HENRY V (1944)
Let’s go back to one of the first major examples of British Royalty depicted in narrative: a certain playwright named William Shakespeare. At the tail end of the Second World War, the ‘Greatest Living Actor’ Laurence Olivier both directed and starred in this adaptation of the titular King Henry V titled ‘The Chronicle History of King Henry the Fift with His Battell Fought at Agin Court in France’. Olivier’s film was presented in glorious (at the time) technicolor and served very much as a morale boosting rallying cry to the British troops on the march to Berlin. Indeed, it was partly funded by the government for that very purpose. Olivier went on to win a special Academy Award for an achievement many considered to be the first commercially successful adaptation of Shakespeare for cinema.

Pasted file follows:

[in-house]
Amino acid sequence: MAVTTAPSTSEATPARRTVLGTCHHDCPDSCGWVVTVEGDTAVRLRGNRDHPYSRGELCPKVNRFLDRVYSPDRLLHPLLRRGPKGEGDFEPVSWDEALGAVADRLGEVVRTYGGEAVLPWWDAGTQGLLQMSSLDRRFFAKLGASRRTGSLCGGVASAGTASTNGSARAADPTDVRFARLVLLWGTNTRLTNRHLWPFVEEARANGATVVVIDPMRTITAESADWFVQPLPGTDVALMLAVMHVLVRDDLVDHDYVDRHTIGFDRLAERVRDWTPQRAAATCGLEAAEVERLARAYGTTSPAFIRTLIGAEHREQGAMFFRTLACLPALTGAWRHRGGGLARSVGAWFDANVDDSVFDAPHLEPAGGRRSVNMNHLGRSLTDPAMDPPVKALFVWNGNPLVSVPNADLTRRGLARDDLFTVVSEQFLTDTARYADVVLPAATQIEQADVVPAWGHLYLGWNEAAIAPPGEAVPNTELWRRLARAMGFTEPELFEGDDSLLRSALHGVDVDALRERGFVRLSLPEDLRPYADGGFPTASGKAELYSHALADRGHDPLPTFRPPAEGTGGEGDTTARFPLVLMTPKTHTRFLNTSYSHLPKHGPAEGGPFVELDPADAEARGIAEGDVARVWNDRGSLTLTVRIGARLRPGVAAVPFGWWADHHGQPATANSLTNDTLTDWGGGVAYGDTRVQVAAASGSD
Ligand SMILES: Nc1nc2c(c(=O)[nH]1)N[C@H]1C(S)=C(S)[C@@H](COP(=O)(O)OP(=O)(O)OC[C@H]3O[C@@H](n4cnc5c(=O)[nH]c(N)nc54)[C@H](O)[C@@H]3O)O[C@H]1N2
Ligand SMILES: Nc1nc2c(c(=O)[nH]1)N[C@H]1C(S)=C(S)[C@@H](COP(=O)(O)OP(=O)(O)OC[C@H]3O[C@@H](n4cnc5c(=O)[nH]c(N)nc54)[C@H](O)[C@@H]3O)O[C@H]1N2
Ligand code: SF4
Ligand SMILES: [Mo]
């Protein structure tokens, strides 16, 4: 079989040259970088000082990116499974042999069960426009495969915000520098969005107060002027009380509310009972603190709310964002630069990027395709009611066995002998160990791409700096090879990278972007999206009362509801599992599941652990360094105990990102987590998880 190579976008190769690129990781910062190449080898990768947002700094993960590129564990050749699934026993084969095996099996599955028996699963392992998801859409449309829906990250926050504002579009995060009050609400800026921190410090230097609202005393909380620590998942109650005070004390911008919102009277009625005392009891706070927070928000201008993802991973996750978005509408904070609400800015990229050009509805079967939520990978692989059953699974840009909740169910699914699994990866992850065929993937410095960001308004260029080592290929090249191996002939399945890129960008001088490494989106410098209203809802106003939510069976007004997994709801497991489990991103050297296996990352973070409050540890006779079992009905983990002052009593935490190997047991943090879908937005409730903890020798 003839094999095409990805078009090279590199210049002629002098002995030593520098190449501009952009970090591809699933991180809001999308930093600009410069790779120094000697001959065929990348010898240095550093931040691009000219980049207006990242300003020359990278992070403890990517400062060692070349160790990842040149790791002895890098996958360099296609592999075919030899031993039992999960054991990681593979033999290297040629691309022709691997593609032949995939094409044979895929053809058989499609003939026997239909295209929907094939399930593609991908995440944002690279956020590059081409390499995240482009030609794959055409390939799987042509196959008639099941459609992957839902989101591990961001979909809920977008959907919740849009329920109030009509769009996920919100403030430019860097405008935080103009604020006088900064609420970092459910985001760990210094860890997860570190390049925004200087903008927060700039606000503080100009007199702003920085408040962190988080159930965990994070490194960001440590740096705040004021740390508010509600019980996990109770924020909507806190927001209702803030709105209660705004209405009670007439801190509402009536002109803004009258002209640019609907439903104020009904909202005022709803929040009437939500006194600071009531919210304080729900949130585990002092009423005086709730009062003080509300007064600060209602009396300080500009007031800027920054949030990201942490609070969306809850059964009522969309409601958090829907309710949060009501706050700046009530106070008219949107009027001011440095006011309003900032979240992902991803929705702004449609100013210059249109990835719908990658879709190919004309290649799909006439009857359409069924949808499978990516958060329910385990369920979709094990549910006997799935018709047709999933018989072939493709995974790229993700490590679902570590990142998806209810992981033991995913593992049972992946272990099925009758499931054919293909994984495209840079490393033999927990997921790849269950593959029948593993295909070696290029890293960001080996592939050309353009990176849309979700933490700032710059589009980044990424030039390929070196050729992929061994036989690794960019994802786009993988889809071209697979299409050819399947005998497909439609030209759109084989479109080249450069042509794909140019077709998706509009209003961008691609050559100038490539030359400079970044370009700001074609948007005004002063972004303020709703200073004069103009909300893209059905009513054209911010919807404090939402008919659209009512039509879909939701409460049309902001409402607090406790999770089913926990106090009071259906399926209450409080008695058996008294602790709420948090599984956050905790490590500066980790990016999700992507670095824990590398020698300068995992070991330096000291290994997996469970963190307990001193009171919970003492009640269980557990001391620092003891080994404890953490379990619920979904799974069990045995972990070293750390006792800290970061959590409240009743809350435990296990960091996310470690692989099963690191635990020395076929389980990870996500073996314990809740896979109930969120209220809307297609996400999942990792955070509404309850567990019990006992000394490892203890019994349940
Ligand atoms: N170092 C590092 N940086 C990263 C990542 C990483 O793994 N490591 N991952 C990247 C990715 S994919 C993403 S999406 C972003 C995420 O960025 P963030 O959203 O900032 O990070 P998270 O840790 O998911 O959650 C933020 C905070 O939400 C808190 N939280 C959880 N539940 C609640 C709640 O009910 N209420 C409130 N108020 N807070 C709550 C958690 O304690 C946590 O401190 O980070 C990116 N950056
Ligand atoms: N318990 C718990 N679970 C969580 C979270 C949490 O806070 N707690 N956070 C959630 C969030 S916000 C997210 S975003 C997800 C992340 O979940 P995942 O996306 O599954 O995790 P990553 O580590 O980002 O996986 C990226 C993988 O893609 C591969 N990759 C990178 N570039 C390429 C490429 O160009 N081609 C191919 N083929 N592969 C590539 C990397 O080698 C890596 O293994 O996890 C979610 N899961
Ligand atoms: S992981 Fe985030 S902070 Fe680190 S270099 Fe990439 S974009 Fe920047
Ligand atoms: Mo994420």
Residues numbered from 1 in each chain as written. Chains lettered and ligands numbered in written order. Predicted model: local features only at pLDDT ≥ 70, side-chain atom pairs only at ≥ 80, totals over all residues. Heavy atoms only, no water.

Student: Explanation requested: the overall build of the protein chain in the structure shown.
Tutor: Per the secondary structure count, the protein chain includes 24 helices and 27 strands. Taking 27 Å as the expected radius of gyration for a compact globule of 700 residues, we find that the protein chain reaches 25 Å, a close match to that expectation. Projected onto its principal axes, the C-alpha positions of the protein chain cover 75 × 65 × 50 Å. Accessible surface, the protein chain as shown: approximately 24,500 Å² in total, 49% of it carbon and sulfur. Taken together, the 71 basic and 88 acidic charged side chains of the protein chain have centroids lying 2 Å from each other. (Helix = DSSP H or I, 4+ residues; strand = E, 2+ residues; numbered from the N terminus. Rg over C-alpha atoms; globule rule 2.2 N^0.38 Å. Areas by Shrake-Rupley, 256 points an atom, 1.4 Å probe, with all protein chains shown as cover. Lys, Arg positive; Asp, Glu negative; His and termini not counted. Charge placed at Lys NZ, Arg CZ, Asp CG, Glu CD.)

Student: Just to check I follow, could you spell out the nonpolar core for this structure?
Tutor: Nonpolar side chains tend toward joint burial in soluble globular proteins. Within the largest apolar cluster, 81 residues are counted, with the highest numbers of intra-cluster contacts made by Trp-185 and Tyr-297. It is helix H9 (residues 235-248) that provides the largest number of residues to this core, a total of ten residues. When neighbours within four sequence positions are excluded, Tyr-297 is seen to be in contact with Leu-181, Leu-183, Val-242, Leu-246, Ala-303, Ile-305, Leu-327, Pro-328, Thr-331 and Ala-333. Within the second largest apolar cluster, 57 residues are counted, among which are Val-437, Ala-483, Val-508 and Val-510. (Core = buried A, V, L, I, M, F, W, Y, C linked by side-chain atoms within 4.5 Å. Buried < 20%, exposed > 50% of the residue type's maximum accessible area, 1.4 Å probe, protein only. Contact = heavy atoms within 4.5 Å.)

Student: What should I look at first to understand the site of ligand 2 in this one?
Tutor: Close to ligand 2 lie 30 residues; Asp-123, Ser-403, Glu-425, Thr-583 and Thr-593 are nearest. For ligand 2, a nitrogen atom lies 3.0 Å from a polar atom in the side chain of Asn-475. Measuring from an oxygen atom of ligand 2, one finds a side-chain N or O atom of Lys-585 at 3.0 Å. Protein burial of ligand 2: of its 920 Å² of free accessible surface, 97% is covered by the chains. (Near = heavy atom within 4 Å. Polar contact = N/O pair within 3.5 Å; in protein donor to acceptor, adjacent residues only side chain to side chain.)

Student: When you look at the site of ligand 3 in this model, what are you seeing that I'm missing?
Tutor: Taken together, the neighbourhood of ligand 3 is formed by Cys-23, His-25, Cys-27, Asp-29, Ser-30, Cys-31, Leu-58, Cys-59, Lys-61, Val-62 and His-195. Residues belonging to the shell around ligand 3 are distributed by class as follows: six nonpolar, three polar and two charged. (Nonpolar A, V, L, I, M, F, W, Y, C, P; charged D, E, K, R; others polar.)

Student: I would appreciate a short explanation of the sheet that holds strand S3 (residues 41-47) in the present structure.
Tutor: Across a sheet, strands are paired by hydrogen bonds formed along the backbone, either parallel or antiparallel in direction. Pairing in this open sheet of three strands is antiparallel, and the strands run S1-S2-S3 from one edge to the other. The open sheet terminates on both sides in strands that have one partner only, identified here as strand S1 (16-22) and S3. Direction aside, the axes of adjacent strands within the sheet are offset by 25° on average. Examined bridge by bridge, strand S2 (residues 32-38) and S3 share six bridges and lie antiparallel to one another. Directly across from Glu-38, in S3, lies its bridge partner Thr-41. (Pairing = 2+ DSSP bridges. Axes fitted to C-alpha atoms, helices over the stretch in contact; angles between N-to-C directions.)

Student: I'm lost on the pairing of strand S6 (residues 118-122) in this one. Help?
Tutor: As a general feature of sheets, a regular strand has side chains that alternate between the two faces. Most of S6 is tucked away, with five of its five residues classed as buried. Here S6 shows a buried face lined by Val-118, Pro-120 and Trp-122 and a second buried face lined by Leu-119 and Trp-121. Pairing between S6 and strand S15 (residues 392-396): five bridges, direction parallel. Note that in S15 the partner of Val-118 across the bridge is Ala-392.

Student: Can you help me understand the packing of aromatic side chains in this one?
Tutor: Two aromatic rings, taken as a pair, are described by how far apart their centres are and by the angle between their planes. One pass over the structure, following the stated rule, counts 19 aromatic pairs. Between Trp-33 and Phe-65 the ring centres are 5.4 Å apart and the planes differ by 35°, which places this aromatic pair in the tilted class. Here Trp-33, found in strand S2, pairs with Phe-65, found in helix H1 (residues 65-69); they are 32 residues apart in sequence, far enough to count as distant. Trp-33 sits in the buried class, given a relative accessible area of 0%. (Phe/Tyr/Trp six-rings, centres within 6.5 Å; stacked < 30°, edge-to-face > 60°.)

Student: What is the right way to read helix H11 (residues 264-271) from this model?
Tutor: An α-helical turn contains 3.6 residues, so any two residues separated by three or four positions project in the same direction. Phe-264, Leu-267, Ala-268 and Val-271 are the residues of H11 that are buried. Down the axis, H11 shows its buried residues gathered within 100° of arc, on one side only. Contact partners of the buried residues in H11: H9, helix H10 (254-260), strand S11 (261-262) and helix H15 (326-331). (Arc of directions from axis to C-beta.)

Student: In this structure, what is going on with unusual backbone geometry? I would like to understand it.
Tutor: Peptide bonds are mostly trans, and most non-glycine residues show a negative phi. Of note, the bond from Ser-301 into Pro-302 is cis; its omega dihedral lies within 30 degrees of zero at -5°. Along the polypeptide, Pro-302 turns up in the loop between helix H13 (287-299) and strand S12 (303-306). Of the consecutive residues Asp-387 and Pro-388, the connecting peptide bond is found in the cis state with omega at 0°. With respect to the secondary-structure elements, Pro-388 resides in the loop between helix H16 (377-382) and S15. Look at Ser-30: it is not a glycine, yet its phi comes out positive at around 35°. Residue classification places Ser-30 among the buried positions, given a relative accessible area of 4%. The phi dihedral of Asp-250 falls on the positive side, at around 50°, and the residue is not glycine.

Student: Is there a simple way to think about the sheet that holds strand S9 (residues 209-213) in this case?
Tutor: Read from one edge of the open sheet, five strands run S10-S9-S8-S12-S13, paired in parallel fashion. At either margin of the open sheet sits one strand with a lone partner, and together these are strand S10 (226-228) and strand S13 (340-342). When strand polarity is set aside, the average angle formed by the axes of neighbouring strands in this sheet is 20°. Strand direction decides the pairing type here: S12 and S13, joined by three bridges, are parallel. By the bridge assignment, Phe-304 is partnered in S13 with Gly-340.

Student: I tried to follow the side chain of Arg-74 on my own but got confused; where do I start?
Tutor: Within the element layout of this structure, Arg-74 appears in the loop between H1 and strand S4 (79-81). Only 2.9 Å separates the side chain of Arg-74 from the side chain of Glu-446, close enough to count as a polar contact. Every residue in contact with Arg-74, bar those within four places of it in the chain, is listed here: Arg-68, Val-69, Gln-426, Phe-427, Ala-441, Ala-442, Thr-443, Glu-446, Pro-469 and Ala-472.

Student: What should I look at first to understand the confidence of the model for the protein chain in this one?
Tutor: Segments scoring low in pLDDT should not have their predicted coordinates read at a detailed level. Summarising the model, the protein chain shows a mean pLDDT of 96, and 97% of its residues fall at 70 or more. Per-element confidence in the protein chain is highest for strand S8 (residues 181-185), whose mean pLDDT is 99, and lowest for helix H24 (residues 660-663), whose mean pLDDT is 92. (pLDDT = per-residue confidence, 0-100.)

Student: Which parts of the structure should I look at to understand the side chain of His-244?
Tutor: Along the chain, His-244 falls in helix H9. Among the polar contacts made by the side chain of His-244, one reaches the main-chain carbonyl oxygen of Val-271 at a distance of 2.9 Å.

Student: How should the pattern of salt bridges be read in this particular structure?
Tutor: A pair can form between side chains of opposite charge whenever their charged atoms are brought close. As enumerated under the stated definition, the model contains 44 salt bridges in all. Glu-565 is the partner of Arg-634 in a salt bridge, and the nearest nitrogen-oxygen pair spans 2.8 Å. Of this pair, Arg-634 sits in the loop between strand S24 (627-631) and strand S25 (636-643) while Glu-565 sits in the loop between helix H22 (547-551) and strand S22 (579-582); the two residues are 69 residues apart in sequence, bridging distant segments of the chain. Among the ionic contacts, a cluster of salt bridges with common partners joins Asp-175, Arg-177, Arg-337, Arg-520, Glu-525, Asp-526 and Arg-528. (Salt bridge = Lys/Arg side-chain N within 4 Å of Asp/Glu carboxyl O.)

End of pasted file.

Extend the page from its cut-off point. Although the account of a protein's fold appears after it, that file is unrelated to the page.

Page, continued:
Has it stood the test of time? Perhaps not as a piece of cinema compared to subsequent adaptations, as Olivier struggles to betray his theatrical roots, but his speech as Henry at the Battle of Agincourt remains a seminal moment in 20th century cinematic history.